[Viewpoint] A ‘language FTA’ with Pacific neighborsA ‘language FTA’ with Pacific neighbors
The recent anti-government demonstrations in Thailand caused some setbacks to South Korea’s efforts to utilize the Korea-Asean and Asean Plus Three summit meetings, which were to be held in Pattaya on April 11 and 12, as a vehicle for crystallizing its ambitious “New Asia Initiative.” The initiative was announced in the wake of President Lee Myung-bak’s fruitful state visits to New Zealand, Australia and Indonesia in early March.
The South Korean government has since been busy implementing follow-up measures by, most notably, strengthening mutual cooperation ties for security, bolstering green growth and exploring free trade arrangements with Australia and New Zealand.
The long-term goals of such cooperation, however, can only be achieved on the basis of a deeper understanding and a sense of commonality between the peoples involved.
Australia in particular is a country to which over 5,000 Koreans emigrate each year. Last year Korean immigration to Australia accelerated the most of any country - 21.2 percent, or almost four times the previous year’s 5.8 percent. On a regrettable note, however, Korea was among the 17 least-favored nations by Australians in a survey conducted early this year of 1,000 citizens of that country.
From time to time, Koreans are reported to have been treated unjustly on foreign soil, simply owing to communication gaps with local people. On the other hand, the Korean Chamber of Commerce and Industry has recently surveyed 100 foreign business executives, nearly 27 percent of whom pointed out language barriers as the biggest difficulty they experience here in Korea.
In order to surmount such barriers, it is equally important to disseminate the Korean language among foreign nationals inside and outside Korea as it is to raise Koreans’ foreign language proficiency.
In this context, a pact with Australia and New Zealand to use Korean and English as common official languages should be proposed as the best way to lay a solid foundation for concrete measures to achieve greater friendship and cooperation.
A language FTA would mean Korean, though geographically surrounded by the two mega-languages Chinese and Japanese, would overtake them in terms of practical use in Oceania. Korean would be taught at schools at all levels by Korean teachers with high proficiency in English. Korean would be used along with English in all public documents and road signs. Korean residents there will be the initial beneficiaries of such an accord.
Conversely, more Australian and New Zealand teachers with high proficiency in Korean will teach English in Korea. They will occupy a greater share of the huge English education market here.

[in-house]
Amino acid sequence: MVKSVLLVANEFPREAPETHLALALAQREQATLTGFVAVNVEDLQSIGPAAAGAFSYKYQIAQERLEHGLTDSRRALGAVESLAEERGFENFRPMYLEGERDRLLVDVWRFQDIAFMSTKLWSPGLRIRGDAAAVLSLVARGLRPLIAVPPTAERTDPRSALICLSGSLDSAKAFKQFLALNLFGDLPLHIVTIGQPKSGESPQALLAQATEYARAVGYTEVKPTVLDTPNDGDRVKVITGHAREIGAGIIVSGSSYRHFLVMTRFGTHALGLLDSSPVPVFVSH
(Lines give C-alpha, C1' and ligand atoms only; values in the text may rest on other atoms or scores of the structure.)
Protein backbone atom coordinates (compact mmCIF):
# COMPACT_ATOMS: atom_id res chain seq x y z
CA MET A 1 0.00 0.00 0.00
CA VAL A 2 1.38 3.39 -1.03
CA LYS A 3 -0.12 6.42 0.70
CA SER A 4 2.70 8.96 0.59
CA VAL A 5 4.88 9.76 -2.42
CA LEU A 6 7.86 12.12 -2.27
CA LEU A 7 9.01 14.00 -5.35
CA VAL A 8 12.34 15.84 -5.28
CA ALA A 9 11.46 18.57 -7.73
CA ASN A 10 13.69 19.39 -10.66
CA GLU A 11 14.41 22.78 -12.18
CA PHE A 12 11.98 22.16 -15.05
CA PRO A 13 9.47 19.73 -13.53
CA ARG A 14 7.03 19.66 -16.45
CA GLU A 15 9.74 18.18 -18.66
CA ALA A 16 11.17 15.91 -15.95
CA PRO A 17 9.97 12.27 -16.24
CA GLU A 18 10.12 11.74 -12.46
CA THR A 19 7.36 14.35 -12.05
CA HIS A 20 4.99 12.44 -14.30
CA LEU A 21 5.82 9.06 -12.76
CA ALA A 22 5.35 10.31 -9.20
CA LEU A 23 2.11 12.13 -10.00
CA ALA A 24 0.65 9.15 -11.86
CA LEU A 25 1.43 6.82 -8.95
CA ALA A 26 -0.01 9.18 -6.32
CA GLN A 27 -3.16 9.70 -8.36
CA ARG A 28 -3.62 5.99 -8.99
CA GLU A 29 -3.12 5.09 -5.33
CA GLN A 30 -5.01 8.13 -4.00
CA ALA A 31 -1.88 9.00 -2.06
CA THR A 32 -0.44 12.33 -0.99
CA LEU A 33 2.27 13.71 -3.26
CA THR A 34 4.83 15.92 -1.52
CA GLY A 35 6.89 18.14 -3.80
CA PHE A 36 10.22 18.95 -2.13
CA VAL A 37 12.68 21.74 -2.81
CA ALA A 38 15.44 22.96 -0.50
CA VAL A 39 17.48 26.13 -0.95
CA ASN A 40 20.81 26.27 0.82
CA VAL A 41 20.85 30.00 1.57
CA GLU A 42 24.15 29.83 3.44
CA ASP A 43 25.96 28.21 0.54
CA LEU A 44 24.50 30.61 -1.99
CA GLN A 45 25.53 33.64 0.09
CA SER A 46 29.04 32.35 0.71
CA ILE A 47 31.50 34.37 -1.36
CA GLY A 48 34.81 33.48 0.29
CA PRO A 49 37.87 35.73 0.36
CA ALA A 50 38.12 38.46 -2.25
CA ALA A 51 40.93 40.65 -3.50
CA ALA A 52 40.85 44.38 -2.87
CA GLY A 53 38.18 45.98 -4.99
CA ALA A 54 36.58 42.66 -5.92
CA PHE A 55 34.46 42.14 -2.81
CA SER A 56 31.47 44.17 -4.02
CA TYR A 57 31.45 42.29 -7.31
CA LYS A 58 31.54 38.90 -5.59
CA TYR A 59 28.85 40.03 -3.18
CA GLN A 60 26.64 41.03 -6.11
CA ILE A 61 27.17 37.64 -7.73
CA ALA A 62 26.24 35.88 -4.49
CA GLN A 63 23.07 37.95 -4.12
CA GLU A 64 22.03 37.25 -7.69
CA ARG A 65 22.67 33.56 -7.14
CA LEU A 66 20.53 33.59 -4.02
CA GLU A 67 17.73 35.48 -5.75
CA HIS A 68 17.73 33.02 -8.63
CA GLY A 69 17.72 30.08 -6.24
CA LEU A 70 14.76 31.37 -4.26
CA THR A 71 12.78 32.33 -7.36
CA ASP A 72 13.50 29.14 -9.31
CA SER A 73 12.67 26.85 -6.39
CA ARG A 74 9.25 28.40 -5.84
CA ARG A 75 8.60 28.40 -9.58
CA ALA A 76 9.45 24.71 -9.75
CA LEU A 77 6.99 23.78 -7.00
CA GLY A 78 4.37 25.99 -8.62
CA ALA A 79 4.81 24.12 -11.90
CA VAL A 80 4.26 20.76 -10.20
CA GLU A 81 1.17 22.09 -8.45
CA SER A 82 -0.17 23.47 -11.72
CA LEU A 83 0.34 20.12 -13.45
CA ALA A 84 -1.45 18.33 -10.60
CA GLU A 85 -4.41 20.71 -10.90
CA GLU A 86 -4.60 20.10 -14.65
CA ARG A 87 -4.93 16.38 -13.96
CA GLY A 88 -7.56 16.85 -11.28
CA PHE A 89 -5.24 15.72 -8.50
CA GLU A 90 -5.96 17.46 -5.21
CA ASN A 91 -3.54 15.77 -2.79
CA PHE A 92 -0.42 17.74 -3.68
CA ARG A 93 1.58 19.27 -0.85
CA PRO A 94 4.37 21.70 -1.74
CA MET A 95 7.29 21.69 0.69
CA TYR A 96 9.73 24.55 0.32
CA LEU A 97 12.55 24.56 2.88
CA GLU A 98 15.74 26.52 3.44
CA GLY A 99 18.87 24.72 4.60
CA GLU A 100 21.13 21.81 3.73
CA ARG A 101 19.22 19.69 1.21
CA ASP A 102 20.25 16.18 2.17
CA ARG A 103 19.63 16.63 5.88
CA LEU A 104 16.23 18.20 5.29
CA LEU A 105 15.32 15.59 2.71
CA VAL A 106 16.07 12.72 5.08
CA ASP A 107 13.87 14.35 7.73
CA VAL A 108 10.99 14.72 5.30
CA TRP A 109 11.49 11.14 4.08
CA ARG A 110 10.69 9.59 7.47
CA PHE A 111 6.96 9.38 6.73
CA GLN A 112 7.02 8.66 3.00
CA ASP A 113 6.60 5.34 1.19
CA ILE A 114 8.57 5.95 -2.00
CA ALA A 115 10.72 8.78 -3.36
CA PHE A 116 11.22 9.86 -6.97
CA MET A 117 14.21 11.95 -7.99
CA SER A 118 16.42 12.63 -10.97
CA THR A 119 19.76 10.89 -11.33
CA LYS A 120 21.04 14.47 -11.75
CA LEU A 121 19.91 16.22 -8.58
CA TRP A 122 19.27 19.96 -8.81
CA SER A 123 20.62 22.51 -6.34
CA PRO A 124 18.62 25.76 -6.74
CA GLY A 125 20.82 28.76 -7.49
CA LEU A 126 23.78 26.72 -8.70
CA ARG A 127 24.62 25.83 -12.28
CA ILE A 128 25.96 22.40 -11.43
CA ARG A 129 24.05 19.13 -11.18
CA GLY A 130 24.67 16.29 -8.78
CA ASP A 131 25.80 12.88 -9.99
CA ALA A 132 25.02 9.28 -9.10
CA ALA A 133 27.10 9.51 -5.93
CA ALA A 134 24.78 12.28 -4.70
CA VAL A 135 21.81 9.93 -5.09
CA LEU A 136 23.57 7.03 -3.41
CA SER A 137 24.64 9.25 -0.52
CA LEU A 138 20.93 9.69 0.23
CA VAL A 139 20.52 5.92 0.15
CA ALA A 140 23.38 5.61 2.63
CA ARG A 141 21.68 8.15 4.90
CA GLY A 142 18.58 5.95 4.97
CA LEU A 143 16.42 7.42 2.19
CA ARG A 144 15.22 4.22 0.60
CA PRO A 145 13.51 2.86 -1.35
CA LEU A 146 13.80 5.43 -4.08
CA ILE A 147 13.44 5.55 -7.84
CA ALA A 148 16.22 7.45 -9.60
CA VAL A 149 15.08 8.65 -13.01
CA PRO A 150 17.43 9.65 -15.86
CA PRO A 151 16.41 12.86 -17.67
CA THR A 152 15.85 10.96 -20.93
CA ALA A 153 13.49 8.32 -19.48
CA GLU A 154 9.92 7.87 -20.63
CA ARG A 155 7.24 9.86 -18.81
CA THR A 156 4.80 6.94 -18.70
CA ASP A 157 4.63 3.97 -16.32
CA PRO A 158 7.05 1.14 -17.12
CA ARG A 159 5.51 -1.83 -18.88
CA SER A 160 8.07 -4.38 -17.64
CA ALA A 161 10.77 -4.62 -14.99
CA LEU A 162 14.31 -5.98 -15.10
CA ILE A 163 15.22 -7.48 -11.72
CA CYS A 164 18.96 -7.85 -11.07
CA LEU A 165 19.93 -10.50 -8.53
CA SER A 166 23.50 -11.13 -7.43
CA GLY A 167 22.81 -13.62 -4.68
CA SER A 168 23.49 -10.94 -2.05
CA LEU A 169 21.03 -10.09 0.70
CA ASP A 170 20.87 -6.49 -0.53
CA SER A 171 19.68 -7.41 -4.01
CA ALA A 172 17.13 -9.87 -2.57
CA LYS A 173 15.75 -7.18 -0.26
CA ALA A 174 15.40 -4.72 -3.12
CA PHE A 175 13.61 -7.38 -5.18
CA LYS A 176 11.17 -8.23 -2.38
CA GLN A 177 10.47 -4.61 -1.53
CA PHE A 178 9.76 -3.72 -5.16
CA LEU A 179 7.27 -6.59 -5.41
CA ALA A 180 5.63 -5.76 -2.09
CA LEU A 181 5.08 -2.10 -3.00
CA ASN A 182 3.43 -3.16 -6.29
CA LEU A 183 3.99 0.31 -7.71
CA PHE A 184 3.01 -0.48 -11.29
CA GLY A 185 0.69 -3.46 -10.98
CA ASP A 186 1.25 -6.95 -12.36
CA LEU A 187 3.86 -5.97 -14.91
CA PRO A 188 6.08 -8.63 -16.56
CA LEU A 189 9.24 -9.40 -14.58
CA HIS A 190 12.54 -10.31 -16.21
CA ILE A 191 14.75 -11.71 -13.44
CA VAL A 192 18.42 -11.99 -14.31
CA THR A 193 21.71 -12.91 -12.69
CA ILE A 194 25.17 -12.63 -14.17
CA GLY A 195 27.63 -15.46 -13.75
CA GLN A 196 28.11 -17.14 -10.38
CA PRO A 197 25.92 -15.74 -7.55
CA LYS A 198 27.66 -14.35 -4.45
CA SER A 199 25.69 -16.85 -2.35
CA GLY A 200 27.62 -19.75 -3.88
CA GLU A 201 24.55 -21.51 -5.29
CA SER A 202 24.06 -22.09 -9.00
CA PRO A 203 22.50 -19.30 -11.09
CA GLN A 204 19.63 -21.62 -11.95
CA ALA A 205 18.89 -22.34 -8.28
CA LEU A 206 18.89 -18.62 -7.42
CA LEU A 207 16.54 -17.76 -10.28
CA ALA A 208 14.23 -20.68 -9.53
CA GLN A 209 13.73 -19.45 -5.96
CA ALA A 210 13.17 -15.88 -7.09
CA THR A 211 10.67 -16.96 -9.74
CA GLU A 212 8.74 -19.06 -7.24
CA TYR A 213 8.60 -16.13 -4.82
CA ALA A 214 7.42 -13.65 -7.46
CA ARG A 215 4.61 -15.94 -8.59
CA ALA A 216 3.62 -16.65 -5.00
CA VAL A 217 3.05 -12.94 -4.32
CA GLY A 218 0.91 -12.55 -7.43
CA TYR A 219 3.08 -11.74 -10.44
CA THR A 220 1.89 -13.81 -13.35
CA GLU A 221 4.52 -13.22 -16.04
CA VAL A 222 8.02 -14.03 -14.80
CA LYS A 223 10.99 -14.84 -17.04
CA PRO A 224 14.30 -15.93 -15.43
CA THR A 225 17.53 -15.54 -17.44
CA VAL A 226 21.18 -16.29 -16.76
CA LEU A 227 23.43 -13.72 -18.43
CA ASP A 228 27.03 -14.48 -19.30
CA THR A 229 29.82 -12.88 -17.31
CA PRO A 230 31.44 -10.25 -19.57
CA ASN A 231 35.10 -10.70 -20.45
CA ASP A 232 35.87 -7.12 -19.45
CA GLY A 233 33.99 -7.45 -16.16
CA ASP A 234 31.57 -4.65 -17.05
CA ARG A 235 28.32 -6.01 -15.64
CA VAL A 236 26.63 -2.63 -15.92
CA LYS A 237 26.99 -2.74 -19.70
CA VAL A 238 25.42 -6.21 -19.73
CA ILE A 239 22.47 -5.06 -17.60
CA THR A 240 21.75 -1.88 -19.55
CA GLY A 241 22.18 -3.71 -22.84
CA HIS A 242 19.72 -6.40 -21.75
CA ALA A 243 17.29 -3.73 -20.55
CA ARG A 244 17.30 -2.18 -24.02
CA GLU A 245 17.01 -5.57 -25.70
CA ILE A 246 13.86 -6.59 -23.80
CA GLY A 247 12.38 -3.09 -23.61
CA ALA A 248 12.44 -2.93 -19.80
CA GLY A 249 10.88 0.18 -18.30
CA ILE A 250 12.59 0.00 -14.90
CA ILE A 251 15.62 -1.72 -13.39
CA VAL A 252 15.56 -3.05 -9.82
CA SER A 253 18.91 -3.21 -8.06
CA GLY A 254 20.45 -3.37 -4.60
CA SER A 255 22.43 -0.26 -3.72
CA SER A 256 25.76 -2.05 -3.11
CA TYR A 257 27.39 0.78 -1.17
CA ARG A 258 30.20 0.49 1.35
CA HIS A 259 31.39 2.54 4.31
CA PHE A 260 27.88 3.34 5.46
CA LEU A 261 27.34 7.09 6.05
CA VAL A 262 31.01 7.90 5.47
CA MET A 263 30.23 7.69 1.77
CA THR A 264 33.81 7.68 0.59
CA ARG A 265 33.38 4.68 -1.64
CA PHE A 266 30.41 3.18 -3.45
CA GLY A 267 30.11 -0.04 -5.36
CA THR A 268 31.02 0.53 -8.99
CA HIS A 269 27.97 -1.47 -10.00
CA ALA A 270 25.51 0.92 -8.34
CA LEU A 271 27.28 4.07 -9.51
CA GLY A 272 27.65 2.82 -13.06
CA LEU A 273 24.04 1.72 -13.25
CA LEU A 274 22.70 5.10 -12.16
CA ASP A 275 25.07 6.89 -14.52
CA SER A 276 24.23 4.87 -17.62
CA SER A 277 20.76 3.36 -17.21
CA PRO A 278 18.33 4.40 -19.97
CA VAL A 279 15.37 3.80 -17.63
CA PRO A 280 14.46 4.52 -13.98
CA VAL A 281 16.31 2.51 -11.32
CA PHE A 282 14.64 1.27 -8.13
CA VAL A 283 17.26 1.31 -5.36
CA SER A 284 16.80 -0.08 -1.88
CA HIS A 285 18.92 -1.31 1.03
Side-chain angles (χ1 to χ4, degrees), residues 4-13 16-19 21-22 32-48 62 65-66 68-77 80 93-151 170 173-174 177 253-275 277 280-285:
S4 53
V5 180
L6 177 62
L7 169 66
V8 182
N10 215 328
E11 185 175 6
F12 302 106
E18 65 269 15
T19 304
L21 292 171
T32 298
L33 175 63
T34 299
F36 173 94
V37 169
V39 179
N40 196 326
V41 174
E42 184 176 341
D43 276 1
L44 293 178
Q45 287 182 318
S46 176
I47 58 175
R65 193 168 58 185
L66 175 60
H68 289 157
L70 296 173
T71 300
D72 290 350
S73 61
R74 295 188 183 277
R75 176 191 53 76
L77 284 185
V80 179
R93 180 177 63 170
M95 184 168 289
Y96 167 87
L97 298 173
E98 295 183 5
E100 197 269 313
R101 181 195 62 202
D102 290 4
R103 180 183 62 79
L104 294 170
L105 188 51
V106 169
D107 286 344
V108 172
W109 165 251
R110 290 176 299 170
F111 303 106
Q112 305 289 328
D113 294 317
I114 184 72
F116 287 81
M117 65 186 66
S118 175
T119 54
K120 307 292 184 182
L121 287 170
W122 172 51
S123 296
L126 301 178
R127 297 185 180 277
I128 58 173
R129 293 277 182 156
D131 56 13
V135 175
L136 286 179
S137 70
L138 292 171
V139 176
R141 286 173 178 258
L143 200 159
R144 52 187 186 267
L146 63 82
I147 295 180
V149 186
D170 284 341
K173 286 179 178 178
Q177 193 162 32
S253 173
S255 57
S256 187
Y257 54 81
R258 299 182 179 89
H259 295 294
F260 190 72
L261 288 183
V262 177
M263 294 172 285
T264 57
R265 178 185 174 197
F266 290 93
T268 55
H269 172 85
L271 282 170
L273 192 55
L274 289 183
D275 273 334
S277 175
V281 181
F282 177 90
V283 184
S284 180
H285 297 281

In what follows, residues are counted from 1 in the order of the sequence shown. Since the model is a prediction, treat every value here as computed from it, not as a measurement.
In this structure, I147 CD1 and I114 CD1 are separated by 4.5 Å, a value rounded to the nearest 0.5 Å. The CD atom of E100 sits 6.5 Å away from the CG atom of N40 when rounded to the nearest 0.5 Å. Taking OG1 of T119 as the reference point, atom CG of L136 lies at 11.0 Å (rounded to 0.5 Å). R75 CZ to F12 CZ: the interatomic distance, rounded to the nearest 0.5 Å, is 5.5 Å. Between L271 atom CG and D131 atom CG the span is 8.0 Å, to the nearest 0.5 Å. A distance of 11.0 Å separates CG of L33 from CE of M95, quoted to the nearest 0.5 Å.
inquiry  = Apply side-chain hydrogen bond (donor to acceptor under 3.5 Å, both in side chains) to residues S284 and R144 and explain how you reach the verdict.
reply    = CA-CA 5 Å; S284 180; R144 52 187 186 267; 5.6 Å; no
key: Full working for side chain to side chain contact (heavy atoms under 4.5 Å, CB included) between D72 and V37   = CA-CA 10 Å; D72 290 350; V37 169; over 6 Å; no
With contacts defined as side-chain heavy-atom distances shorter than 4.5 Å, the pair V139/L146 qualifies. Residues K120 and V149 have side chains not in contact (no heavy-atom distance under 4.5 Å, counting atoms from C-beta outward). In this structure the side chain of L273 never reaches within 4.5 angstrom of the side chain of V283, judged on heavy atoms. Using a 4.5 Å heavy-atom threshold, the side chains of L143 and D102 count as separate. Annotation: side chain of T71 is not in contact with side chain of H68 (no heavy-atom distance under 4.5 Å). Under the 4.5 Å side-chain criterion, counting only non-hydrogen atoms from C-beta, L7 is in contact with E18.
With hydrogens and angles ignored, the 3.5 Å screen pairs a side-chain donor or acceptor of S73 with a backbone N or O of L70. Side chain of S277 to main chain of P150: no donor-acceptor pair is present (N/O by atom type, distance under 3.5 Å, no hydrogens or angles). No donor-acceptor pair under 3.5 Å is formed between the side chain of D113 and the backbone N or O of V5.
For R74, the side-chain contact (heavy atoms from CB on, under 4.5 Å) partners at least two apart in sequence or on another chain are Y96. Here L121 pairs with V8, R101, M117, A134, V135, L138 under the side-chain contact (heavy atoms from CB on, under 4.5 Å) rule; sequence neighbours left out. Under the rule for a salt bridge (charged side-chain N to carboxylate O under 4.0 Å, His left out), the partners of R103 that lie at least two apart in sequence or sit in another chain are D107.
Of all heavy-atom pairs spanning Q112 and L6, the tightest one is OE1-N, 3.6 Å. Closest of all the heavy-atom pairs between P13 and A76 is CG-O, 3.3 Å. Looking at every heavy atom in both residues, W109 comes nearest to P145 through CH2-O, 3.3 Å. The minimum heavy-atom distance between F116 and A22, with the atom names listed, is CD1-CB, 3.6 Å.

Synchronous teleconferences, distance education and video discussions can take place in English more often between major cities of Korea and those of Australia and New Zealand due to miniscule time difference compared to New York, Los Angeles, Toronto or London. The effect of this simultaneous communication will double if it happens in both languages under the proposed bilingual agreement.
The treaty can also allow Australians and New Zealanders to take Korean proficiency tests free of charge. The number of people taking such tests is on the rise. Conversely, South Koreans would be exempt from charges when they take the International English Language Test.
The United States does not have a federal official language. Only a few states have adopted both English and Spanish as official languages. This makes it impossible for Korean to aspire to the status of official language. Canada does not have any room for other languages to be added as official languages because it is already a bilingual nation with English and French. Britain, as a member of the European Union, cannot adopt languages other than those of member states.
Australia and New Zealand are also suitable for the pact by virtue of their combined population size being comparable to that of South Korea.
Some may argue that Australian English will prevail over the American or British standard in Korea once such an agreement is implemented. But it would not be unnatural for an East Asian-Pacific country to adopt the Australian variety as “standard English.” In any case, such apprehension may be needless in light of globalization of English itself: American and British standards have become ever closer; Californian English is popular as well as commonly used in Sydney.
President Lee’s commitment to absorbing English education into the public sector has remained steadfast since he started his campaign for the presidency almost two years ago. A language pact with Australia and New Zealand will take English language teaching back into the public domain, accelerate the practical use of English, and drastically reduce the cost of private education in Korea.
It is hoped that the government will propose a draft of such an agreement that would be mutually beneficial and accomplish multiple goals.
South Korea has recently received new ambassadors from Australia and New Zealand. Both have pledged to do their best to accelerate negotiations for free trade agreements, which will help redress the chronic imbalance of exports and imports and bring substantive benefits to peoples aspiring for common prosperity.
An agreement on official languages could be a more intriguing and challenging task for them to take up, with the potential for more fundamental and far-reaching consequences.
The Korean government can also choose to reach an agreement with one of them first in case trilateral negotiations turn out to be too cumbersome.
*The writer is a professor emeritus at the Institute of Foreign Affairs and National Security.
by Kim Jae-bum
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